A vegan said he got sick after Domino's served him pizza with real ham. Here's what really happens when vegans eat meat.

Gabby Landsverk
pizza with ham and vegetables
  • A Domino's restaurant in Australia accidentally served real ham to a vegan man who had ordered a new plant-based pizza
  • The man said he felt shocked, betrayed, and ill after finishing the meal, which employees had repeatedly reassured him was meat-free. 
  • Accidentally eating meat may be upsetting, but it's unlikely to cause serious harm unless you have a rare allergy. However, there are other good reasons to stick to a plant-based diet. 
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A vegan man in Australia has spoken out after a local Domino's restaurant seemed to have accidentally served ham on what he thought was a plant-based pizza, according to Daily Mail Australia

Patrick Hukins, who has been vegan for four years, said he felt sick to his stomach and betrayed after the supposed mix-up. He had finished his meal after double-checking with employees that it was indeed plant-based, and became ill shortly after. 

After Hukins complained via social media with photo evidence of what he said was real meat, Domino's apologized and offered the man a voucher, though it was only enough to pay for a traditional, non-vegan, pie, according to the Daily Mail. 

"I felt shame and pain for the animal. And felt guilt for having unknowingly consumed a product that goes against my endeavors to reduce my environmental footprint as well as harm to other animals ... I was shocked," Hukins told the Daily Mail. 

Read more: A vegan said she was 'poisoned for life' after accidentally eating meat. Here's the reality of what happens when you stop being vegan.

There's a wealth of evidence that a mostly plant-based diet is best for your health, as well as the environment. But even if you've been vegan for many years, becoming an accidental carnivore for one meal is unlikely to do lasting damage or even make you sick, although it may be very upsetting.

Here's what actually happens when you stop being vegan, involuntarily or otherwise, according to a registered dietitian.

Eating meat after abstaining for years is rarely dangerous but could cause mental and physical reactions

Most of the time, when a vegan or vegetarian starts eating meat after a long period of abstaining, what happens is ... nothing, according to Robin Foroutan, a registered dietitian nutritionist and spokesperson for the Academy of Nutrition and Dietetics.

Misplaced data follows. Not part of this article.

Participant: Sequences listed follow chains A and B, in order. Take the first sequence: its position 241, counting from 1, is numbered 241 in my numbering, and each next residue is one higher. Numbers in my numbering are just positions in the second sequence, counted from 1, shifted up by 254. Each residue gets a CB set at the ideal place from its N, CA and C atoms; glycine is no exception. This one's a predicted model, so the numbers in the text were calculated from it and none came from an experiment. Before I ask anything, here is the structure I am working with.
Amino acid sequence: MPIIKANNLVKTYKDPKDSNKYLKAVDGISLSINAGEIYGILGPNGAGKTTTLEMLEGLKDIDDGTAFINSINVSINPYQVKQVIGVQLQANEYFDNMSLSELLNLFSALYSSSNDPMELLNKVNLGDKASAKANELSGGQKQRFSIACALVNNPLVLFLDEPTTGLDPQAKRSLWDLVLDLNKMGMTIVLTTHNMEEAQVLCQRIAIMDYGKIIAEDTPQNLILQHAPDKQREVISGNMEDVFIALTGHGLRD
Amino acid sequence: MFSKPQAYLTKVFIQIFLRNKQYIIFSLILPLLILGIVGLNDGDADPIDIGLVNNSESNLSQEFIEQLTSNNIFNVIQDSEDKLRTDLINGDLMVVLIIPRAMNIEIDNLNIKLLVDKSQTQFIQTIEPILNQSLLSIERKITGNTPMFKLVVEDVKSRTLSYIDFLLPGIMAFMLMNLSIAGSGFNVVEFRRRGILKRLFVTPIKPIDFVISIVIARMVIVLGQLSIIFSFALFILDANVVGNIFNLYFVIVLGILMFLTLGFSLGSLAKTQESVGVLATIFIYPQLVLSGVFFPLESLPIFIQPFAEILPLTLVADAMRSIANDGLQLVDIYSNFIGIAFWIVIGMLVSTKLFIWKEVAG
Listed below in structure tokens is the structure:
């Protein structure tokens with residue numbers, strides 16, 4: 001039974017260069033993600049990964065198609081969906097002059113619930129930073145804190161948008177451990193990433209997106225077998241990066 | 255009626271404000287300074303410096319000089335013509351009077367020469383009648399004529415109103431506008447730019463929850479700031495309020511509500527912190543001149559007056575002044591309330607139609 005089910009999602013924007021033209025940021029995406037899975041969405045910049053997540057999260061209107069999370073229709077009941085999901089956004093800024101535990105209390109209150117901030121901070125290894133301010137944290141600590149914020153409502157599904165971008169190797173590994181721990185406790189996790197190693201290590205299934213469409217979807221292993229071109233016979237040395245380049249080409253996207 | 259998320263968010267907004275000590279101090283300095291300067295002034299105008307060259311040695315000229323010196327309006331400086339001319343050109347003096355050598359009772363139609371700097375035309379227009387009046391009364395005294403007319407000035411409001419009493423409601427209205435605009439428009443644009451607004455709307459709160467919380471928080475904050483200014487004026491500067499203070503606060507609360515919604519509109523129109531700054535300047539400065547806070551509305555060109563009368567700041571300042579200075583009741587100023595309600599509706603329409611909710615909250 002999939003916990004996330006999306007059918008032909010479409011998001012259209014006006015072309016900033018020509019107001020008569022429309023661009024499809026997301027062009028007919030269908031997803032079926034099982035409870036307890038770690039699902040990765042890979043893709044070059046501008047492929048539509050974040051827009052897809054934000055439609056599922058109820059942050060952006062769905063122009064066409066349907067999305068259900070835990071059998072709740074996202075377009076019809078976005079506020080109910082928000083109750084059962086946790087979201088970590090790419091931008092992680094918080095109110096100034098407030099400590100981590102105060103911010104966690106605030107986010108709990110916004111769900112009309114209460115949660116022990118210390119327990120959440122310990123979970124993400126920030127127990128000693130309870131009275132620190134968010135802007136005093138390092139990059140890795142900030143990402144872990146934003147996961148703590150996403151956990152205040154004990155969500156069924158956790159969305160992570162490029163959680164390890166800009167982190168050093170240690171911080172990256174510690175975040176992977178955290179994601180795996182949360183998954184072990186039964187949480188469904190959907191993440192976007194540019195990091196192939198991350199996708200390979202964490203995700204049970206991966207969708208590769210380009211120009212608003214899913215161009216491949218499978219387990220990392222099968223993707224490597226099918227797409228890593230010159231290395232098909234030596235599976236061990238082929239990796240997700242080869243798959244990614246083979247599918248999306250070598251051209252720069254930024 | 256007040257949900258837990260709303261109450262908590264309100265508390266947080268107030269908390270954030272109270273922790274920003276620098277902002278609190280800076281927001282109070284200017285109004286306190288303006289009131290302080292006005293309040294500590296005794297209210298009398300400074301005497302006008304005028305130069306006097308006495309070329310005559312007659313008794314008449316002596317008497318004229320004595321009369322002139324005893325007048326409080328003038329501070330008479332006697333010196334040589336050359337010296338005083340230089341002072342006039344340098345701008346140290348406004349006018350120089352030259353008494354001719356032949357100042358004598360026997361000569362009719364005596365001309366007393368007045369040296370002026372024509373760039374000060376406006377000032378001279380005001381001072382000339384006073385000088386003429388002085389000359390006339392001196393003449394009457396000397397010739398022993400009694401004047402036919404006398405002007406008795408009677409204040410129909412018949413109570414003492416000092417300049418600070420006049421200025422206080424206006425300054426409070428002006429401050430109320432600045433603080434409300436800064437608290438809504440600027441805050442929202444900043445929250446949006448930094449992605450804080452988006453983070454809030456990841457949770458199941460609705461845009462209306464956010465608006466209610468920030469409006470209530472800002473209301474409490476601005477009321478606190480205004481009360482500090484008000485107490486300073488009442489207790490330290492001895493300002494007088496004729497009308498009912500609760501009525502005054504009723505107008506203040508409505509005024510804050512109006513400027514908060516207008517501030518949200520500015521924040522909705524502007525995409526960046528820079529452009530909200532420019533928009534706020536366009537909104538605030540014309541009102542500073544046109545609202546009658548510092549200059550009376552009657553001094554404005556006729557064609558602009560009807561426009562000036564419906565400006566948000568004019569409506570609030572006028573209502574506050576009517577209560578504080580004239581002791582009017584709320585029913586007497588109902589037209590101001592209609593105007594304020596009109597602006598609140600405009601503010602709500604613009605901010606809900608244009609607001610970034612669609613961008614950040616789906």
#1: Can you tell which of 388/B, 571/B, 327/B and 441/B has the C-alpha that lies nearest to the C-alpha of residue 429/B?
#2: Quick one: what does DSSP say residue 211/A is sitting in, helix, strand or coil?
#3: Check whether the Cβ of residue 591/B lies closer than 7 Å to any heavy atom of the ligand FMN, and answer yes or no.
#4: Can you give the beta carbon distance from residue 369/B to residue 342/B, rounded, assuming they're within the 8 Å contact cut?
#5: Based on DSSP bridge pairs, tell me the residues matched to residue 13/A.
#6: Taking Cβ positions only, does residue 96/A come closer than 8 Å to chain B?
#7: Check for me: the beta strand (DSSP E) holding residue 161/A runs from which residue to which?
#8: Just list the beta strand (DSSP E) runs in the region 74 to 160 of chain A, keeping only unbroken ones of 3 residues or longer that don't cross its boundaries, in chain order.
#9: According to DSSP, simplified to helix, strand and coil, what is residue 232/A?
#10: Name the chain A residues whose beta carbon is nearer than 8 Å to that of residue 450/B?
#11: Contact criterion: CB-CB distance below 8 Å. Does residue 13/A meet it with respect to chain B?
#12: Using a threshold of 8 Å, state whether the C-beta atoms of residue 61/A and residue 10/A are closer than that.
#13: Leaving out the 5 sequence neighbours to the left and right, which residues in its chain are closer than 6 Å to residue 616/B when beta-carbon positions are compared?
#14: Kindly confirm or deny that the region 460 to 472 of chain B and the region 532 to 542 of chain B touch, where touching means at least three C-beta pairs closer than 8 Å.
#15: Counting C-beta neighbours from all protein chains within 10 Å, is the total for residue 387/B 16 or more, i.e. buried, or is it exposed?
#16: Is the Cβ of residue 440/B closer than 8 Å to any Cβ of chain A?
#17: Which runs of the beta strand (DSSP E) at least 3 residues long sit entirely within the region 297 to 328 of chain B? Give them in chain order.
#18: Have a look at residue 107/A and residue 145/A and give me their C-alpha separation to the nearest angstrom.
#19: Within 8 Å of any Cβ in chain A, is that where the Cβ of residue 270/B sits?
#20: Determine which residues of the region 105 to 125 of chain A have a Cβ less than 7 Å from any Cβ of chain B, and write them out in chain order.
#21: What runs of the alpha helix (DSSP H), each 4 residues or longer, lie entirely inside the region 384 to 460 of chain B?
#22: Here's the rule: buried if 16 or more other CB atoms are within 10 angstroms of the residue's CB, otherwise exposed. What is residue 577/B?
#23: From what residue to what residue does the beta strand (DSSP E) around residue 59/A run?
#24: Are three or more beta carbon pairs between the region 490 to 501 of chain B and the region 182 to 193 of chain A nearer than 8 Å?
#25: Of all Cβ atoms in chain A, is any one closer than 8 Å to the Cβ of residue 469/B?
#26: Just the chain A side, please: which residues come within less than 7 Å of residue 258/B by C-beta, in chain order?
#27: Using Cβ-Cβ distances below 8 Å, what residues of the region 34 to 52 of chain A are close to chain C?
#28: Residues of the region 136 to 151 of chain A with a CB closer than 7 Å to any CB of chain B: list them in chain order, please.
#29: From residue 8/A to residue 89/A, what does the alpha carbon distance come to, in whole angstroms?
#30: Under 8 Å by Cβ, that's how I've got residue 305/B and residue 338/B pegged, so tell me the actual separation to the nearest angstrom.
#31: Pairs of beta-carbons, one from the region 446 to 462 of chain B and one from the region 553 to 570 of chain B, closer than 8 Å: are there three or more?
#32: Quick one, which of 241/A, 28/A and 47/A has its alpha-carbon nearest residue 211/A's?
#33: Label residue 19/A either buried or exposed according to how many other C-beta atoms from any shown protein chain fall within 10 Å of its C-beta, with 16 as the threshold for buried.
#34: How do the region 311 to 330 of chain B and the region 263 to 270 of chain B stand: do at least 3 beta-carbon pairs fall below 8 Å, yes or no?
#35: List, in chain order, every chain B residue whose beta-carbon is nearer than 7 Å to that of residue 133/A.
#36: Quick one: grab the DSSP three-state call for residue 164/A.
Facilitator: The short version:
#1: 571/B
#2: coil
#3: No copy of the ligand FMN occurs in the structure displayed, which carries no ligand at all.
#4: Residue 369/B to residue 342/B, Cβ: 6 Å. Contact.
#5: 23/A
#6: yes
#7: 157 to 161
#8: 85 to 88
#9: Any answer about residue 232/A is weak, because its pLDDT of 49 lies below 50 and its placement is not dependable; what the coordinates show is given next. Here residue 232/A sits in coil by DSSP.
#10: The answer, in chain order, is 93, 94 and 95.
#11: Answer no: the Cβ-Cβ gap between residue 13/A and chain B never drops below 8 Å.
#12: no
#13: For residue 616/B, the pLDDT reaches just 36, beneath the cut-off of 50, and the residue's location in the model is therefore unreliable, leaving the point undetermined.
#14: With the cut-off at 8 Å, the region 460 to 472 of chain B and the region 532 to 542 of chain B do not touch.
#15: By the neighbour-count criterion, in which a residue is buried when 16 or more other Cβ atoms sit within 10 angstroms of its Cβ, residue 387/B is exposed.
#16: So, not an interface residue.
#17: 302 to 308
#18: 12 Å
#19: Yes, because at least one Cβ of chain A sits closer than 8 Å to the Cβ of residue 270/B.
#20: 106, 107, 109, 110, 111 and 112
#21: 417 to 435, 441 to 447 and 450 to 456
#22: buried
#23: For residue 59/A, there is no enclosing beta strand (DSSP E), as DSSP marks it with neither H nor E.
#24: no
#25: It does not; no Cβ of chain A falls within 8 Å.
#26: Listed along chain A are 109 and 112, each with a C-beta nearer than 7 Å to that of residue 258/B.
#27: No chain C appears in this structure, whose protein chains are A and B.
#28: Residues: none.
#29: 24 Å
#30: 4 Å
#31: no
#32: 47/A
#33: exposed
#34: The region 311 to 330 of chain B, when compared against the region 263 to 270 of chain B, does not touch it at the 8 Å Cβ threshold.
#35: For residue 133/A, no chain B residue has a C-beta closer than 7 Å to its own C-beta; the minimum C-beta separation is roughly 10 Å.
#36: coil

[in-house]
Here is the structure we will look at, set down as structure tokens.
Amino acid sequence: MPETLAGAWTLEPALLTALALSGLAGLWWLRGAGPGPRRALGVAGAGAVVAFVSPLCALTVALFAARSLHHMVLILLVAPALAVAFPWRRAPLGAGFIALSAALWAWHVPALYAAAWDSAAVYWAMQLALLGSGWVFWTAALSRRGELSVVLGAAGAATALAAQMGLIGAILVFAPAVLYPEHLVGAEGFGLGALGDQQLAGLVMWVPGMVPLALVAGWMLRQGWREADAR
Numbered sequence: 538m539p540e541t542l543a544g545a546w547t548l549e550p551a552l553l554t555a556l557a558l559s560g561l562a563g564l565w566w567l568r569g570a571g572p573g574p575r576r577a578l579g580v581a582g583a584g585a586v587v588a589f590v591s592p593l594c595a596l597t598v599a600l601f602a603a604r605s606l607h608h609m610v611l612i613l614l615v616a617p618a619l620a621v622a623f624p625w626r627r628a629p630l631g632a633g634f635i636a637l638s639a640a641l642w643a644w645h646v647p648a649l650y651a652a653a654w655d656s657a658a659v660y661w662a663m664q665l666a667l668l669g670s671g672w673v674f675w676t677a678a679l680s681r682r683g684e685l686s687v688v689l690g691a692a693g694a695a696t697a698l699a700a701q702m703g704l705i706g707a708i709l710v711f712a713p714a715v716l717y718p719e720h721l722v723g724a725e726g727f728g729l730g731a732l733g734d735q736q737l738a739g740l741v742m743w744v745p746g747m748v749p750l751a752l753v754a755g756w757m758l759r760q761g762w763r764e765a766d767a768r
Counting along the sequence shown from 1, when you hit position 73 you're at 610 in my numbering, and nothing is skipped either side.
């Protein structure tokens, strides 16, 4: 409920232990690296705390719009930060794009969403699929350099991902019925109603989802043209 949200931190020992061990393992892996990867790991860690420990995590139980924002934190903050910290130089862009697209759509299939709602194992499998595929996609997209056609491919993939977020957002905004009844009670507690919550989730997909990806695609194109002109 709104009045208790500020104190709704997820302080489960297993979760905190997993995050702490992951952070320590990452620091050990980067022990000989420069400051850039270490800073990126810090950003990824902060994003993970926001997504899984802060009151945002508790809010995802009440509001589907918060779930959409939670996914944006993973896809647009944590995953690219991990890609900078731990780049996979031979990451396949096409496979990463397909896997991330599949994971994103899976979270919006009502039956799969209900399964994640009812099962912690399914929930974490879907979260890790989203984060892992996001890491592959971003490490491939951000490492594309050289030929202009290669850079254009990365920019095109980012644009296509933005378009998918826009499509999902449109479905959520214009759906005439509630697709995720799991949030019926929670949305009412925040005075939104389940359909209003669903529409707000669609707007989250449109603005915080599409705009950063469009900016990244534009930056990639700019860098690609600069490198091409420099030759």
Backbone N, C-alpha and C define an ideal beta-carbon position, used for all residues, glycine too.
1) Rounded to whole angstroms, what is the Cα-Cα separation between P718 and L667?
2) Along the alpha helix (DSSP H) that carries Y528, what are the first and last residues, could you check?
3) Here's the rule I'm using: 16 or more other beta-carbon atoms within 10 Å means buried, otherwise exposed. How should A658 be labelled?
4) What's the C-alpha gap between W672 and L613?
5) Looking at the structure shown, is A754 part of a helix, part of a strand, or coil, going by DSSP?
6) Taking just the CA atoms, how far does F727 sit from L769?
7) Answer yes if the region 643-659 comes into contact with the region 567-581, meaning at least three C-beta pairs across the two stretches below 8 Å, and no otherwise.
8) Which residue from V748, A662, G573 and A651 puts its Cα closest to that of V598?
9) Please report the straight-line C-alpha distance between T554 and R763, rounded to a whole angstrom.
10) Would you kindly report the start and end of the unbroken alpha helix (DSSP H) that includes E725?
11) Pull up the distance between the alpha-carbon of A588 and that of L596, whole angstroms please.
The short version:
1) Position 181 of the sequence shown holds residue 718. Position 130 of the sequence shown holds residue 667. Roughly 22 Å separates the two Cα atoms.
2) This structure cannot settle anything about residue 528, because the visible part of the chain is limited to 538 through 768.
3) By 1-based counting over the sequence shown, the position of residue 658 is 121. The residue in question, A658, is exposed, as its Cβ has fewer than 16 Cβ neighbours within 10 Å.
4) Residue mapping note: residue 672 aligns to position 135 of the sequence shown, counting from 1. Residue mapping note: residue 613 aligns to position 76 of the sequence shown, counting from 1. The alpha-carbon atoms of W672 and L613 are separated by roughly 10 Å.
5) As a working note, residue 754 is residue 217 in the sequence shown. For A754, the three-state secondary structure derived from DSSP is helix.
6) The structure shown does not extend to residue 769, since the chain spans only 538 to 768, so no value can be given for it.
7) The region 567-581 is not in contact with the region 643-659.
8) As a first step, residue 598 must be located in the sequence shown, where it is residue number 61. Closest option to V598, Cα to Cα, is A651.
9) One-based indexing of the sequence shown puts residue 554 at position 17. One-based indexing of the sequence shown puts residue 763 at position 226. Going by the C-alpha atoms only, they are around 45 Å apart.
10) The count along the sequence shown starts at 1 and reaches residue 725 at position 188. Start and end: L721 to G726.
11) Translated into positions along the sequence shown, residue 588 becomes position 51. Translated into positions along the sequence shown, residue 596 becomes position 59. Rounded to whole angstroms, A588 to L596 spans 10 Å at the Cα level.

Some people may feel as though they have a harder time digesting meat if they aren't used to it, Foroutan said, but there's no scientific evidence for this.

There could also be a psychological element at play if people become anxious or even have a panic attack when they realize what they're eating, Foroutan said. "Distress could be one cause of that kind of response," she said.

It's also possible that some vegans have a food sensitivity to meat, causing symptoms like headaches, bloating or gassiness, heartburn, or irritability. While food sensitivities are vague and poorly understood, they're believed to be a result of the wide variation in people's bodies and digestive systems. Eating specific foods may trigger inflammation or antibodies in some people.

Allergies to any type of meat are possible but uncommon, according to the American College of Allergy, Asthma & Immunology. Unlike a food sensitivity, a food allergy can be consistently diagnosed with a type of test to detect the presence of immunoglobulin, which is created by the immune system reacting to the allergen.

A particularly dangerous type of meat allergy can develop from an insect bite. People bitten by the Lone Star tick can become allergic to red meat and animal products, which could cause a life-threatening anaphylactic reaction. This tick is found in the US, mostly in southeastern states.

Vegan Dinner

Donald Bowers/GettyImages

Evidence shows a plant-based diet has lots of benefits, but meat can be perfectly healthy in moderation

There is some evidence that people on a vegan diet tend to have healthier gut microbiomes, or the collection of good bacteria that live in the digestive tract.

This is in part due to the extra fiber vegan eaters can get from a veggie- and whole-grains-rich diet; fiber helps cultivate healthy gut bacteria.

Studies have also suggested that a vegan diet cultivates different types of bacteria than an animal-based diet. Vegans' bacteria, the findings suggest, can help lower inflammation in the gut and may have other benefits like boosting metabolism. 

A vegan diet is also a positive move for the environment, since meat production has been proven to be a significant source of greenhouse gasses and contributes to other environmental damage by using a huge amount of natural resources like land and water. 

Read more: New dietary guidelines suggest people should keep eating red meat and processed meat, but nutrition experts says the report is irresponsible

Still, it's unlikely that a single meal can override an otherwise healthy diet — research shows that even a mostly vegetarian or vegan diet, with occasional animal products, has health benefits.

"There is no one dietary solution that works for everyone," Foroutan said. "I encourage people to eat mostly plants, foods high in antioxidants — and if you do eat animal products, get the highest quality available to you."

If you're considering a major shift in your diet, however, such as reintroducing certain foods, it's best to do so gradually if possible, Foroutan added.

"It's really important to pay attention to your body, what it needs, and how you're feeling," she said. "But as long as the bulk of the diet is plant-based, you'll be in good shape."

Read more:

How going vegan can affect your body and brain

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